This is a civilised idea that we should be applying to temporary workers, usually on low wages, where the marginal cost of travel makes a big difference. In many respects, being a temporary worker is functionally equivalent to being self-employed: you put your skills on the market and you accept a degree of uncertainty. If you are self-employed you are allowed valid expense deductions.

    Would it be legal to set up a temp agent that only contracts out to the officially self-employed (and helps with the paperwork etc…)? The answer is almost certainly yes.

  4. @Paddy:

    There are of course the “Temporary Workplace Rules”, but the problem is that temporary workers tend to be PAYE employees hired at the place they will be working for and therefore temporary workplace rules don’t apply.

    The only people who seem to be able to make use of “Temporary Workplace Rules” are various forms of limited company contractors (IT, Oil & Gas, etc.) for which it is a substantial subsidy against their PAYE counterparts who have to pay commuting expenses out of their post tax income.

    The problem with the Office of Tax Simplification is that they are not tackling the fundamentals such as this for the fear that it will cause substantial loss of tax revenue, despite the obvious fact that it would support those “hard working families” that the government goes on about and it is right to do so.

    If you have to travel to work to generate your income then those costs should be deducted before your income is subject to tax.

    It’s that simple.

  5. It-s that simple.

    Yes it is.

    But there-ll be no change because then the wage slaves would realise that there-s an alternative to PAYE.

  6. @ Paddy

    These schemes are industrialised implementation of allowances and reliefs that are available to everyone. A genuine temporary worker is entitled to the relief whether or not employed under these models.

    The advantage of the models is that they use flat allowances and avoid loads of paperwork. They invariably, therefore, involve claiming more tax relief than would be available in ordinary circumstances. So HMRC are getting stung.

    Unfortunately, the benefit of all this isn’t going to the worker. The agency, the pay agent and the client carve that up between them. Certainly not, at least, in the case of the lower paid people you’re concerned about. They had no bargaining power before, and they have none after.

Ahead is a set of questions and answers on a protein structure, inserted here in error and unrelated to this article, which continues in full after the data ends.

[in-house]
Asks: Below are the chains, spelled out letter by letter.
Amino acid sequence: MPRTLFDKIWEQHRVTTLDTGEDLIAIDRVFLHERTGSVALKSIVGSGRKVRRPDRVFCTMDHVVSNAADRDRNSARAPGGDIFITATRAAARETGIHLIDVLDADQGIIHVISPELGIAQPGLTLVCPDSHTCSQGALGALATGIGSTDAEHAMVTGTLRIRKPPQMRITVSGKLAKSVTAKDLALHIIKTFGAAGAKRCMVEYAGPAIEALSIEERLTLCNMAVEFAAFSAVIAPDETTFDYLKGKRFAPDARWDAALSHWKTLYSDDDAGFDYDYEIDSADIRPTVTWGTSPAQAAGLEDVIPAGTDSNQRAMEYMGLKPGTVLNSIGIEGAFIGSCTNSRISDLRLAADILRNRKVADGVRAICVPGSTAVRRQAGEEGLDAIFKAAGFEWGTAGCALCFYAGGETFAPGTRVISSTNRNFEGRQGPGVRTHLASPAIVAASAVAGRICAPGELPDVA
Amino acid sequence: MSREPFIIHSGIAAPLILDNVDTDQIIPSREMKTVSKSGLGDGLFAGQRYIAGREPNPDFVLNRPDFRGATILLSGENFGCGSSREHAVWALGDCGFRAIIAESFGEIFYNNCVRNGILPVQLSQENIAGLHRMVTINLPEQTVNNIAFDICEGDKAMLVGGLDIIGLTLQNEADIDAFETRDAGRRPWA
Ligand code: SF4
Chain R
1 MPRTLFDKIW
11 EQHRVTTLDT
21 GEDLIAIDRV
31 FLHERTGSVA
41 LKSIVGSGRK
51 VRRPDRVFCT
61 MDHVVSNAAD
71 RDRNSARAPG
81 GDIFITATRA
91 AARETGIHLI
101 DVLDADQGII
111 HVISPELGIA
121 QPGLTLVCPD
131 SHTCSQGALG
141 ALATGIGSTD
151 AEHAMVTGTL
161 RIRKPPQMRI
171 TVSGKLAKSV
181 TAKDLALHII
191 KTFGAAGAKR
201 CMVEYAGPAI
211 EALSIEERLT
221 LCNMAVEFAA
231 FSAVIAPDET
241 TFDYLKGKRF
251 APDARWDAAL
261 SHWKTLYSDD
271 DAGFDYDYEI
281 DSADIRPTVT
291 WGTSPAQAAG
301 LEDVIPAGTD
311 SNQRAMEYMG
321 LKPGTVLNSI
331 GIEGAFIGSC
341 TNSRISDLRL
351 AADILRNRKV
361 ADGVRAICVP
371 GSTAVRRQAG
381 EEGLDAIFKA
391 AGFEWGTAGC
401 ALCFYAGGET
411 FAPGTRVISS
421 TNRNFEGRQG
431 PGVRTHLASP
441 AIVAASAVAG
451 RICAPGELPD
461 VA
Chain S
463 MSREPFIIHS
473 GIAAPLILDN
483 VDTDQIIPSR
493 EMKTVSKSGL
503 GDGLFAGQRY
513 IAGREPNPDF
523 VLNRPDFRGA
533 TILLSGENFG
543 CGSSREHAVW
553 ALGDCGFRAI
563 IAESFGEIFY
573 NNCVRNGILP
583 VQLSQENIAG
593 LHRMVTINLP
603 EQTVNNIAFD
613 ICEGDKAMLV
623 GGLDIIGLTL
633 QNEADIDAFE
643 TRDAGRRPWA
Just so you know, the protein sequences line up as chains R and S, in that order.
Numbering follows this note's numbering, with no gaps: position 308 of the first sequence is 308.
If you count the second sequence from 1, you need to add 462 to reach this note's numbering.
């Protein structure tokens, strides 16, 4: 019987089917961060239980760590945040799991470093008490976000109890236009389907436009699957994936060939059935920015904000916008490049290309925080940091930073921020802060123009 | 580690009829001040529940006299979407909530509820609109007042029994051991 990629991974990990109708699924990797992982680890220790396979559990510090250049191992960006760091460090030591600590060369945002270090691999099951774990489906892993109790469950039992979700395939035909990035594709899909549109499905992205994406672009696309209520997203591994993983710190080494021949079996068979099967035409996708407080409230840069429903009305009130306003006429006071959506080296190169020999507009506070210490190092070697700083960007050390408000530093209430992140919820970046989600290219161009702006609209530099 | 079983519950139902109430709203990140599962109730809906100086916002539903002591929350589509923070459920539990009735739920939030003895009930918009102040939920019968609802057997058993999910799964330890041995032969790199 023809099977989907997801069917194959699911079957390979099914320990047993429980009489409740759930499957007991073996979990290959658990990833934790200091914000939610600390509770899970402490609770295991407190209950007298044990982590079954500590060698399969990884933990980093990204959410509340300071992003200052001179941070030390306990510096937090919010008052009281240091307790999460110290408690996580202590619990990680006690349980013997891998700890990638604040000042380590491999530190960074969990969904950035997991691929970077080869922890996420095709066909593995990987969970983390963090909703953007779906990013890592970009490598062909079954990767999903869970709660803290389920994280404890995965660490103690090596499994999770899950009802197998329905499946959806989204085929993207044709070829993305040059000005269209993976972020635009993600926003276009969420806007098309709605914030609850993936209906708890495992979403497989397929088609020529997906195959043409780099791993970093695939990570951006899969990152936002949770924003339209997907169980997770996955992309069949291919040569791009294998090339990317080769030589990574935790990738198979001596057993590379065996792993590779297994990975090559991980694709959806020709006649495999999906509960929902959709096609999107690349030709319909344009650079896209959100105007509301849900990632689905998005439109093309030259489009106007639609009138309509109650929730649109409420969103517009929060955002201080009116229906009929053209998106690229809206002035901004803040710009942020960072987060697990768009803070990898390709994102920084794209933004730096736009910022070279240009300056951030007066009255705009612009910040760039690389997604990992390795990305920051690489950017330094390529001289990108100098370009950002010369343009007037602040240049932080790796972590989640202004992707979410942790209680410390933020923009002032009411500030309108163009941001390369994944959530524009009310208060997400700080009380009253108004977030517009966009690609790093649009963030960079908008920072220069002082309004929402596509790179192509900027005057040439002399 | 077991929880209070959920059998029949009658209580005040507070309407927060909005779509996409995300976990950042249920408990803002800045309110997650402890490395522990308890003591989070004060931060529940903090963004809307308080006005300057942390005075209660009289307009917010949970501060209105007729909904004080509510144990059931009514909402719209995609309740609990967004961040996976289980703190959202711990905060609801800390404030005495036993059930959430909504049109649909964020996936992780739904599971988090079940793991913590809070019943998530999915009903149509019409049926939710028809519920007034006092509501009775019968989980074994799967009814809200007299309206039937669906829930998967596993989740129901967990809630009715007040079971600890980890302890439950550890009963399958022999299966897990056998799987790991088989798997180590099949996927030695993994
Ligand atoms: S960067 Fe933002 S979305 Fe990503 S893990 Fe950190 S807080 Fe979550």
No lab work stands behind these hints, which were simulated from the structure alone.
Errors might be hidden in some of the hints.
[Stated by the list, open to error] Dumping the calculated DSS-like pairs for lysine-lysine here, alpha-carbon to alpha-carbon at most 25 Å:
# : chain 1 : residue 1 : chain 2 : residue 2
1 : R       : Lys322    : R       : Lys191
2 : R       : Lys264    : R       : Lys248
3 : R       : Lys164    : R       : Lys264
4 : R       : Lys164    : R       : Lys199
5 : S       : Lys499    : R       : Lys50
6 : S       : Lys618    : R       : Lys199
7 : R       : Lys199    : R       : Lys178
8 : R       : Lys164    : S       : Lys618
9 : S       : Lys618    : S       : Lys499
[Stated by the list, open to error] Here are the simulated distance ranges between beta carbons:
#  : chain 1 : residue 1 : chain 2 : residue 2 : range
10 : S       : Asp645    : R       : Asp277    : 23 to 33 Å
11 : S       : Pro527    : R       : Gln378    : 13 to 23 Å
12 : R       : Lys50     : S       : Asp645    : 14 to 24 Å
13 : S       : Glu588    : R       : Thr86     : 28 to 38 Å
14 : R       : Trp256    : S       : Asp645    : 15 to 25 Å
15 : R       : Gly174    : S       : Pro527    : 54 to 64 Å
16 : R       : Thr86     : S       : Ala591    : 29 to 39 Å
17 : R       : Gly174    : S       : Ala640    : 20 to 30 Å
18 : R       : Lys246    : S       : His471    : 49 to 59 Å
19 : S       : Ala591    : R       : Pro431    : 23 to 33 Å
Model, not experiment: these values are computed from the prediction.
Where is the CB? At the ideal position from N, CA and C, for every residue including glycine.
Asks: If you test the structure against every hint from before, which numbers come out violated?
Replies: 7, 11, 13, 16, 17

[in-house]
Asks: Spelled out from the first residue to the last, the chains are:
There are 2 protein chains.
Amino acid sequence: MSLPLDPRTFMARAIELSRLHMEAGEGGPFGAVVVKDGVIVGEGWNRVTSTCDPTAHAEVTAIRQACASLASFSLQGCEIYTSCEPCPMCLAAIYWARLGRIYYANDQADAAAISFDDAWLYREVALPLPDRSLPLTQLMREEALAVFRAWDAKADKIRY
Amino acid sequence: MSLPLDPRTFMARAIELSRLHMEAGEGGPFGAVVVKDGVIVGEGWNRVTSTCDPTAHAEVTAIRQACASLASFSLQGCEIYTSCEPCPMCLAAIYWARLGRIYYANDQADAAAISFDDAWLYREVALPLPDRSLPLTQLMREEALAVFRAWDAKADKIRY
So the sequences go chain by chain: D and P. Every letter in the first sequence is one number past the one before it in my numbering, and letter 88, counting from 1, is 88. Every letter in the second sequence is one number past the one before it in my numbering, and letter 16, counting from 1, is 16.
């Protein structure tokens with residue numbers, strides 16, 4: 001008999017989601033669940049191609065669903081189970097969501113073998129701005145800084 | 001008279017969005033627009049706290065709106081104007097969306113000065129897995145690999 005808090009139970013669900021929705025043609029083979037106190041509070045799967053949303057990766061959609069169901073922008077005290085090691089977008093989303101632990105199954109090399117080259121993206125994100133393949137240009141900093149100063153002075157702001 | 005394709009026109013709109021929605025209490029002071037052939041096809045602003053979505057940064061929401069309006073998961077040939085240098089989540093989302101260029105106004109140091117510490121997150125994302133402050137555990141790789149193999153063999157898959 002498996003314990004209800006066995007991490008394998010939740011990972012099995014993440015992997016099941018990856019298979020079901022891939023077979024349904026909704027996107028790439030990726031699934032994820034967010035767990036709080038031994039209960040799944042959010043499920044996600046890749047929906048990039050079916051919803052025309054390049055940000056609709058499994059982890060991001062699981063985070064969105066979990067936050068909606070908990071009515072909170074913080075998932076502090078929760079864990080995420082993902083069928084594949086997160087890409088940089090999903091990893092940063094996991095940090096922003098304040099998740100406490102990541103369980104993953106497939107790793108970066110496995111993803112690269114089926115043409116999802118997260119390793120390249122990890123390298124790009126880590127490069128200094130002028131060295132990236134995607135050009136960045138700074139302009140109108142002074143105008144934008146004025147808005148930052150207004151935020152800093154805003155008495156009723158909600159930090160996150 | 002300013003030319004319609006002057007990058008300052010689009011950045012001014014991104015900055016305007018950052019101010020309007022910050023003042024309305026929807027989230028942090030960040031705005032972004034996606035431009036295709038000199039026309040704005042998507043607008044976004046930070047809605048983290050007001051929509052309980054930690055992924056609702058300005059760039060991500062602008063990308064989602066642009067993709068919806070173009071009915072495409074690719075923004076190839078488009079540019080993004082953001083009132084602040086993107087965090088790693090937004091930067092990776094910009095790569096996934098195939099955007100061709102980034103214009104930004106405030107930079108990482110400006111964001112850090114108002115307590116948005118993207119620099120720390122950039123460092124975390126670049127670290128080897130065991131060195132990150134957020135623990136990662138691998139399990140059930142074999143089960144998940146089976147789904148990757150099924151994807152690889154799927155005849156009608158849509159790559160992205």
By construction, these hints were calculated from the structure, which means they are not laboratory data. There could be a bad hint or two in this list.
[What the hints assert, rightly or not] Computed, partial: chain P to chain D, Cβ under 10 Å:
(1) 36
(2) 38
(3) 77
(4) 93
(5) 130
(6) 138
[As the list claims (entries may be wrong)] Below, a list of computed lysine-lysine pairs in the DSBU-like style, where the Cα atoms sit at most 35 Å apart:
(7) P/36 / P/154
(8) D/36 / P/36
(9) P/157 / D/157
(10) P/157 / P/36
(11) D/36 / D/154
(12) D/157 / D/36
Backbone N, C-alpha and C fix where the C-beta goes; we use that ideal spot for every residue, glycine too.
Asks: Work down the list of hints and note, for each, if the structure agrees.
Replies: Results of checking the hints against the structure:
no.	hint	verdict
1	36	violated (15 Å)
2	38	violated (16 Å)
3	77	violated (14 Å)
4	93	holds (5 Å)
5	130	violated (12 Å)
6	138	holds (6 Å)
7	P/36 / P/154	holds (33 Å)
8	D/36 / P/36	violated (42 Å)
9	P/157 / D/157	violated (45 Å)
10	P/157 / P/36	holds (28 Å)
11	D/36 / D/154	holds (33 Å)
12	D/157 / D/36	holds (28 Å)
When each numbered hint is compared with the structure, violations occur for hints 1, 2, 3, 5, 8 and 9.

7. The right to claim expenses for temporary workers isn’t in question. What these agencies are doing is dodging National Minimum Wage laws by paying a salary below NMW, but topping it up to NMW with expenses. To the employee the total received is the same, so they have no incentive to complain; but the tax man loses out and the agency pockets the savings.

    If they were paying employees NMW with expenses on top, it wouldn’t be an issue.

  8. 1. Did Legitas also employ comedians like Jimmy Carr? Because of the vagaries of the market comedians can legitimately also claim to be temporary workers.
    2. Andrew M. The company, Legitas, used the law as it stands, and it was the self-righteous HMRC mafia that decided what was going on is not kosher. Now, because Legitas has folded, they are not getting a penny. The pomposity and officiousness of the HMRC mafia have succeeded yet again by shutting a private company.

  9. Whether or not I agree with these comments, the contrast between the detail and underlying knowledge of the followers of this blog on the one hand and the owner/ sole contributor of a certain other blog on the other is sharp to the point of being lethal.
    Look, whatever you think of HMRC, its resource compared with its remit is a question of fact, of evidence. So it is quite apparent here that HMRC has indeed put its resource in to attacking what it sees as an abusive operation. Whether the “claim” was a claim in Court or just an assessment, it was an amount that became ‘due’ because it put in the resource to make it due. So Murphy’s analysis was nothing more than reading the first paragraph of a story and hitting his laptop, convinced it was yet more proof that he is always right. Bollocks from a bullshitter.

    BTW, check out the term “struck-off solicitor”. There is bound to be a bit more to this story then meets the eye.